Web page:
Spectral sensitivity

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Spectral sensitivities (normalized responsivity spectra) of human cone cells, S, M, and L types
1916 plot of "spectral sensibilities." The author also uses the more modern term "spectral sensitivity" in the same book.[1]

Spectral sensitivity is the relative efficiency of detection, of light or other signal, as a function of the frequency or wavelength of the signal.

In visual neuroscience, spectral sensitivity is used to describe the different characteristics of the photopigments in the rod cells and cone cells in the retina of the eye. It is known that the rod cells are more suited to scotopic vision and cone cells to photopic vision, and that they differ in their sensitivity to different wavelengths of light.[2][3] It has been established that the maximum spectral sensitivity of the human eye under daylight conditions is at a wavelength of 555nm, while at night the peak shifts to 507 nm.[4]

In photography, film and sensors are often described in terms of their spectral sensitivity, to supplement their characteristic curves that describe their responsivity.[5] A database of camera spectral sensitivity is created and its space analyzed.[6] For X-ray films, the spectral sensitivity is chosen to be appropriate to the phosphors that respond to X-rays, rather than being related to human vision.[7]

In sensor systems, where the output is easily quantified, the responsivity can be extended to be wavelength dependent, incorporating the spectral sensitivity. When the sensor system is linear, its spectral sensitivity and spectral responsivity can both be decomposed with similar basis functions.[8] When a system's responsivity is a fixed monotonic nonlinear function, that nonlinearity can be estimated and corrected for, to determine the spectral sensitivity from spectral input–output data via standard linear methods.[9]

The responses of the rod and cone cells of the retina, however, have a very context-dependent (coupled) nonlinear response, which complicates the analysis of their spectral sensitivities from experimental data.[10] In spite of these complexities, however, the conversion of light energy spectra to the effective stimulus, the excitation of the photopigment, is quite linear, and linear characterizations such as spectral sensitivity are therefore quite useful in describing many properties of color vision.[11]

Spectral sensitivity is sometimes expressed as a quantum efficiency, that is, as probability of getting a quantum reaction, such as a captured electron, to a quantum of light, as a function of wavelength.[12] In other contexts, the spectral sensitivity is expressed as the relative response per light energy, rather than per quantum, normalized to a peak value of 1, and a quantum efficiency is used to calibrate the sensitivity at that peak wavelength.[13] In some linear applications, the spectral sensitivity may be expressed as a spectral responsivity, with units such as amperes per watt.[14][15][16]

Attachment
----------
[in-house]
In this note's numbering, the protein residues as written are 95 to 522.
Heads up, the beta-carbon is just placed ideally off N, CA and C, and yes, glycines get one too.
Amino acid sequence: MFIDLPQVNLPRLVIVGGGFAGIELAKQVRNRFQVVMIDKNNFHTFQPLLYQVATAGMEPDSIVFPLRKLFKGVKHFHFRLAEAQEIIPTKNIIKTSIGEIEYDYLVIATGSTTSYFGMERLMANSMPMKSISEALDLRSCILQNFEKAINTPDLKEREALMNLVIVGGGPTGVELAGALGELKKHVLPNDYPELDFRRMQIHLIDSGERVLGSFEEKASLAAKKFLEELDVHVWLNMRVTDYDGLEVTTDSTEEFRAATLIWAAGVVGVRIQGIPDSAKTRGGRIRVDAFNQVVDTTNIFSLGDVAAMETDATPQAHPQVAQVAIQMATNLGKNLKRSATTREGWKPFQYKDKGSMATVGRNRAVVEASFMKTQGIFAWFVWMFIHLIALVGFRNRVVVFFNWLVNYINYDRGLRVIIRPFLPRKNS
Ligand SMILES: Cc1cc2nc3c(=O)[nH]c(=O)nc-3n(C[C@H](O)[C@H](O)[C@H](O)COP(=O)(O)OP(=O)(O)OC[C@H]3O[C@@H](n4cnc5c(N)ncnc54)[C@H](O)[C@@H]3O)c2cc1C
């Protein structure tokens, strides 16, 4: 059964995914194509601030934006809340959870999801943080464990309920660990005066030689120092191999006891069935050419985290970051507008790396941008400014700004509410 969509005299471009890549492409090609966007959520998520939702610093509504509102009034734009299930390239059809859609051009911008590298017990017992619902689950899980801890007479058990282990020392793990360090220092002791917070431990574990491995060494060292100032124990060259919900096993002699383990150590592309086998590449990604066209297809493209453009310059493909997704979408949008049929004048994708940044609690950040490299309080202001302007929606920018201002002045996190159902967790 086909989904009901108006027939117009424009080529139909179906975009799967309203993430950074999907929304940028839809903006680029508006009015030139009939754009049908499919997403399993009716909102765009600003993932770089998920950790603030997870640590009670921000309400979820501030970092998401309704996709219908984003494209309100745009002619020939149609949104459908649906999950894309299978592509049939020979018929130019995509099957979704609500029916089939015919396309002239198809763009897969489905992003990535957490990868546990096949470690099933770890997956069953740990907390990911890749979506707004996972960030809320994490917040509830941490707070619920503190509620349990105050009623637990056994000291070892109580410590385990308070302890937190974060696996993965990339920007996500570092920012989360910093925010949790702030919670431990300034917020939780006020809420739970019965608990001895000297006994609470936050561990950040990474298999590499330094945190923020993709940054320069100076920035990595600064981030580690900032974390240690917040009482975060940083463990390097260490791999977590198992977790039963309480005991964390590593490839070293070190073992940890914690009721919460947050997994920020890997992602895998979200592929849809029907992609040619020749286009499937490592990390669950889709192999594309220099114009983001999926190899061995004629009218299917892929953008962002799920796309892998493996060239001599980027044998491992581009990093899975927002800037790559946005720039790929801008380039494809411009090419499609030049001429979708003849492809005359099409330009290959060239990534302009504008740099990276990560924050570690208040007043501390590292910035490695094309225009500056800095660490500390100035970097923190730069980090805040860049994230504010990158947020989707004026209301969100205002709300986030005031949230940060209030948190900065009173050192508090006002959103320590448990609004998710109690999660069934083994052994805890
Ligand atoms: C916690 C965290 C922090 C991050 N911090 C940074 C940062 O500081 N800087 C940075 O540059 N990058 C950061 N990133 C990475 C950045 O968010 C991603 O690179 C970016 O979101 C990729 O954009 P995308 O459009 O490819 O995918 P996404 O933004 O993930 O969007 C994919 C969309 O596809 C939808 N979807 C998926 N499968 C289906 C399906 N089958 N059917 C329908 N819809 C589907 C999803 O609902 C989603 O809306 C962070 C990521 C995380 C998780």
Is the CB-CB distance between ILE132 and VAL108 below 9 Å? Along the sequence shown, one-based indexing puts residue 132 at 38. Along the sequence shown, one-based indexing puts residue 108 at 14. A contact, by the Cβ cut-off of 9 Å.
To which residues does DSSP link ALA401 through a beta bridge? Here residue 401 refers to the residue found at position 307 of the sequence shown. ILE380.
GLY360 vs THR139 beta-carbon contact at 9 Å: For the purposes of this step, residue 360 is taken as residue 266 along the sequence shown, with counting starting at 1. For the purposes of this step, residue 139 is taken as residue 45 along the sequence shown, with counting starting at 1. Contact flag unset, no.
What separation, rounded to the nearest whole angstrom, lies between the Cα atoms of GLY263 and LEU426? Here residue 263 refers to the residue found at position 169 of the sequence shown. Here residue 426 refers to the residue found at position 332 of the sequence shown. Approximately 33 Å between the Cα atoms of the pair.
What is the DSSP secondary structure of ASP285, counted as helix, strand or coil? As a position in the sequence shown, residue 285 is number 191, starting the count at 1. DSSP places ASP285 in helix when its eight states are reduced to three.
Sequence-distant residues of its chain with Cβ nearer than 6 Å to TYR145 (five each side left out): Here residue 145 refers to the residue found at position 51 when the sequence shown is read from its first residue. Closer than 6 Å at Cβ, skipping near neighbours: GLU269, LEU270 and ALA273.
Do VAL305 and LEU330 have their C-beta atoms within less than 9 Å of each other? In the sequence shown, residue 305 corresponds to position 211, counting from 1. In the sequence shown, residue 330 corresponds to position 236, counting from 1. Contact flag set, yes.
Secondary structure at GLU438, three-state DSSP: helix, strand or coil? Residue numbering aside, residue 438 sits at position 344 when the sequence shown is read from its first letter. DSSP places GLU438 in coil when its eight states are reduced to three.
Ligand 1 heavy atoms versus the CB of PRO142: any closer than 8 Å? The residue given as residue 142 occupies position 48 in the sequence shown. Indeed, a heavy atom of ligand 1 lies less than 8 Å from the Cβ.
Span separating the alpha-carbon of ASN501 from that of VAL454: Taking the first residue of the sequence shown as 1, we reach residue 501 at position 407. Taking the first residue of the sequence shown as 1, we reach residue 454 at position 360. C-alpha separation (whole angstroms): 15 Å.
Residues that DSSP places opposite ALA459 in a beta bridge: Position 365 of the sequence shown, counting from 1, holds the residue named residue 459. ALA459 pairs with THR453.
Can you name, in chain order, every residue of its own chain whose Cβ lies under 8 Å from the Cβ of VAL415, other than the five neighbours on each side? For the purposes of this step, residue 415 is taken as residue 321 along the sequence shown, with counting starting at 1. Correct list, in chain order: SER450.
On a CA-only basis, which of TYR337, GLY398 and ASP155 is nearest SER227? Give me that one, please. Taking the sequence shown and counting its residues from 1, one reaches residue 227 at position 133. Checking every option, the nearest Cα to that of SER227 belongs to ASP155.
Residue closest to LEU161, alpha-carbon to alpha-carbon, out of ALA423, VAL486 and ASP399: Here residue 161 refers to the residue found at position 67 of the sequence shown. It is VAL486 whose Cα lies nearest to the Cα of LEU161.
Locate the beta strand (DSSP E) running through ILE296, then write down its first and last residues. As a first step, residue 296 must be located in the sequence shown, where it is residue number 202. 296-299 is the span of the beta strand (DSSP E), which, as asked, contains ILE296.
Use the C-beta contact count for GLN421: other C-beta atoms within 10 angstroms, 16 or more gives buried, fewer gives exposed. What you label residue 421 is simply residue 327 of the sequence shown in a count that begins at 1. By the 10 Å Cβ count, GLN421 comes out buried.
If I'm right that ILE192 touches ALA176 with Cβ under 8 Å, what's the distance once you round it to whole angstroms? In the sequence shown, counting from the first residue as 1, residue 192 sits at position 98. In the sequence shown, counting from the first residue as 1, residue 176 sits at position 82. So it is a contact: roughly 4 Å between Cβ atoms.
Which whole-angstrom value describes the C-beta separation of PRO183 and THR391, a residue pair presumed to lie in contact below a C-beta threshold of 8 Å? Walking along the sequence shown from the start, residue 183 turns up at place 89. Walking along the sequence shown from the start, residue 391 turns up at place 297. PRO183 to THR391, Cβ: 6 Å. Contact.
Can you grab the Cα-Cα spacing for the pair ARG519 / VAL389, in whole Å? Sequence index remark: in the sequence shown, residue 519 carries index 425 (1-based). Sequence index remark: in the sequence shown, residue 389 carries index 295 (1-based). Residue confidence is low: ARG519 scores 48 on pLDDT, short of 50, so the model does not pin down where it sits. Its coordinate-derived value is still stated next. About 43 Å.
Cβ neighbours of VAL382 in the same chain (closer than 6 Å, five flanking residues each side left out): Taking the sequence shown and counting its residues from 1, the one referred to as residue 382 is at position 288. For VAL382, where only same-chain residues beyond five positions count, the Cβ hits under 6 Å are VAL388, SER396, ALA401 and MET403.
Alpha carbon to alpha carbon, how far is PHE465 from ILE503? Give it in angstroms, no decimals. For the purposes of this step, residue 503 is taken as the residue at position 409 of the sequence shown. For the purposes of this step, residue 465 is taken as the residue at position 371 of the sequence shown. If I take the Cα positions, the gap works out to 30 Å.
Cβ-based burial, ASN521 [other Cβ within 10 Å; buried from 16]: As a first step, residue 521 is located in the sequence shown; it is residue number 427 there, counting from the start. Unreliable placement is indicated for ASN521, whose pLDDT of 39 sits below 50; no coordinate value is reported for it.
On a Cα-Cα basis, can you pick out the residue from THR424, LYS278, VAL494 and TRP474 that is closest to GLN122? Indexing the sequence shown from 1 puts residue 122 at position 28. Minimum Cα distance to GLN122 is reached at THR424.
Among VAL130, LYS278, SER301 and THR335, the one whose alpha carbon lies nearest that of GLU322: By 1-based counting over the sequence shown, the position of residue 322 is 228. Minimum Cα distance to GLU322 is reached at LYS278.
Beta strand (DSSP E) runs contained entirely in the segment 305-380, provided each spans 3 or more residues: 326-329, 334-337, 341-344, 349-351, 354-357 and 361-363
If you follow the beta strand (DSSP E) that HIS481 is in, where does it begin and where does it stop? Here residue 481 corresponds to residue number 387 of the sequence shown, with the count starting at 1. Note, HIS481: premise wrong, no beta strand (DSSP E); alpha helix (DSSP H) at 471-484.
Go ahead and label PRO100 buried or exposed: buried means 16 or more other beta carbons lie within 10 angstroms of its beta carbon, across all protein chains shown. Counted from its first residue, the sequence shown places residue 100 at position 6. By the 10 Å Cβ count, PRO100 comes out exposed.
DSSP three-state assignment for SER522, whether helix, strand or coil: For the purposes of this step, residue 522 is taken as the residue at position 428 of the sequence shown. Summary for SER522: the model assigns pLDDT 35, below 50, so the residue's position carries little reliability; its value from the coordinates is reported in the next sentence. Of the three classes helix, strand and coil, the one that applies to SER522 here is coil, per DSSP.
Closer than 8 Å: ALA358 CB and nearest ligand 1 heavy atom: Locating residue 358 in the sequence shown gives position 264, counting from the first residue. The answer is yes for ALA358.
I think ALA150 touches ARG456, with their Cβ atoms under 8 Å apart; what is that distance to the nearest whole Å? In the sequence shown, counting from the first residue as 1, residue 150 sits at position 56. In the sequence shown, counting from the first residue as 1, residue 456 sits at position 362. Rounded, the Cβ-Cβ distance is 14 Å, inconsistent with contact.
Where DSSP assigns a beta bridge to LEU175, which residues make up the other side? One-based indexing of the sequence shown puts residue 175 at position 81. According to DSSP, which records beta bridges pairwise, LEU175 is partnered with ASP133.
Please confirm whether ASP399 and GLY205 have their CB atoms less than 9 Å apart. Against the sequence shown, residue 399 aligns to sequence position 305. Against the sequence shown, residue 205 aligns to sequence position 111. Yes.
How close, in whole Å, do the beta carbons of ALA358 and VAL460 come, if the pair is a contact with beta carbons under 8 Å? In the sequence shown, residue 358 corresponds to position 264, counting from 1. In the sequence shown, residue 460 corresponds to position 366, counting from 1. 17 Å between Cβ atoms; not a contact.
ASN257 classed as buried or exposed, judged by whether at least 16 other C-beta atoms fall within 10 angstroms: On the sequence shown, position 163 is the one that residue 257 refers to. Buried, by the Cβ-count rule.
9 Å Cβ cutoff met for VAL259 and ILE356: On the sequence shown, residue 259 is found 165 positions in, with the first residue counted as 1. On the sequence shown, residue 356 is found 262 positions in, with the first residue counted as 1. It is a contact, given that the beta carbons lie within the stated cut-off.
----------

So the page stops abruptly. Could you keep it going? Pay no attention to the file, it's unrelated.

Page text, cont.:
See also[edit]


  1. ^ Matthew Luckiesh (1916). Light and shade and their applications. D. Van Nostrand Company. 
  2. ^ Michael Levine (2000). Fundamentals of Sensation and Perception (3rd ed.). Oxford University Press. 
  3. ^ Steven H. Schwartz (2004). Visual Perception: A Clinical Orientation. McGraw-Hill Professional. ISBN 0-07-141187-9. 
  4. ^ Gross, Herbert; Blechinger, Fritz; Achtner, Bertram (2008). Gross, Herbert H., ed. Handbook of optical systems 4. Weinheim, Germany: WILEY-VCH. p. 40. ISBN 978-3-527-40380-6. 
  5. ^ Michael Langford (1998). Advanced Photography. Focal Press. ISBN 0-240-51486-6. 
  6. ^ Jun Jiang; Dengyu Liu; Jinwei Gu & Sabine Süsstrunk (2013). What is the space of spectral sensitivity functions for digital color cameras?. IEEE. ISBN 978-1-4673-5053-2. 
  7. ^ John Ball & Tony Price (1995). Chesneys' Radiographic Imaging. Blackwell Publishing. ISBN 0-632-03901-9. 
  8. ^ Glenn E. Healey; Steven A. Shafer & Lawrence B. Wolff (1992). Physics-Based Vision. A. K. Peters Ltd. ISBN 0-86720-295-5. 
  9. ^ Steven K. Shevell (2003). The Science of Color. Elsevier. ISBN 0-444-51251-9. 
  10. ^ S. N. Archer (1999). Adaptive mechanisms in the ecology of vision. Springer. ISBN 0-7923-5319-6. 
  11. ^ Arne Valberg (1995). Light Vision Color. John Wiley and Sons. ISBN 0-470-84902-9. 
  12. ^ M. H. F. Wilkinson & F. Schut (1998). Digital Image Analysis of Microbes: Imaging, Morphometry, Fluorometry and Motility Techniques and Applications. John Wiley and Sons. ISBN 0-471-97440-4. 
  13. ^ Peter G. J. Barten (1999). Contrast Sensitivity of the Human Eye and Its Effects on Image Quality. SPIE Press. ISBN 0-8194-3496-5. 
  14. ^ Matt Young (1993). Optics and lasers: including fibers and optical waveguides. Springer. ISBN 3-540-65741-X. 
  15. ^ Stephen A. Dyer (2001). Survey of Instrumentation and Measurement. Wiley-IEEE. ISBN 0-471-39484-X. 
  16. ^ Robert B. Northrop (2004). Analysis and Application of Analog Electronic Circuits to Biomedical Instrumentation. CRC Press. ISBN 0-8493-2143-3.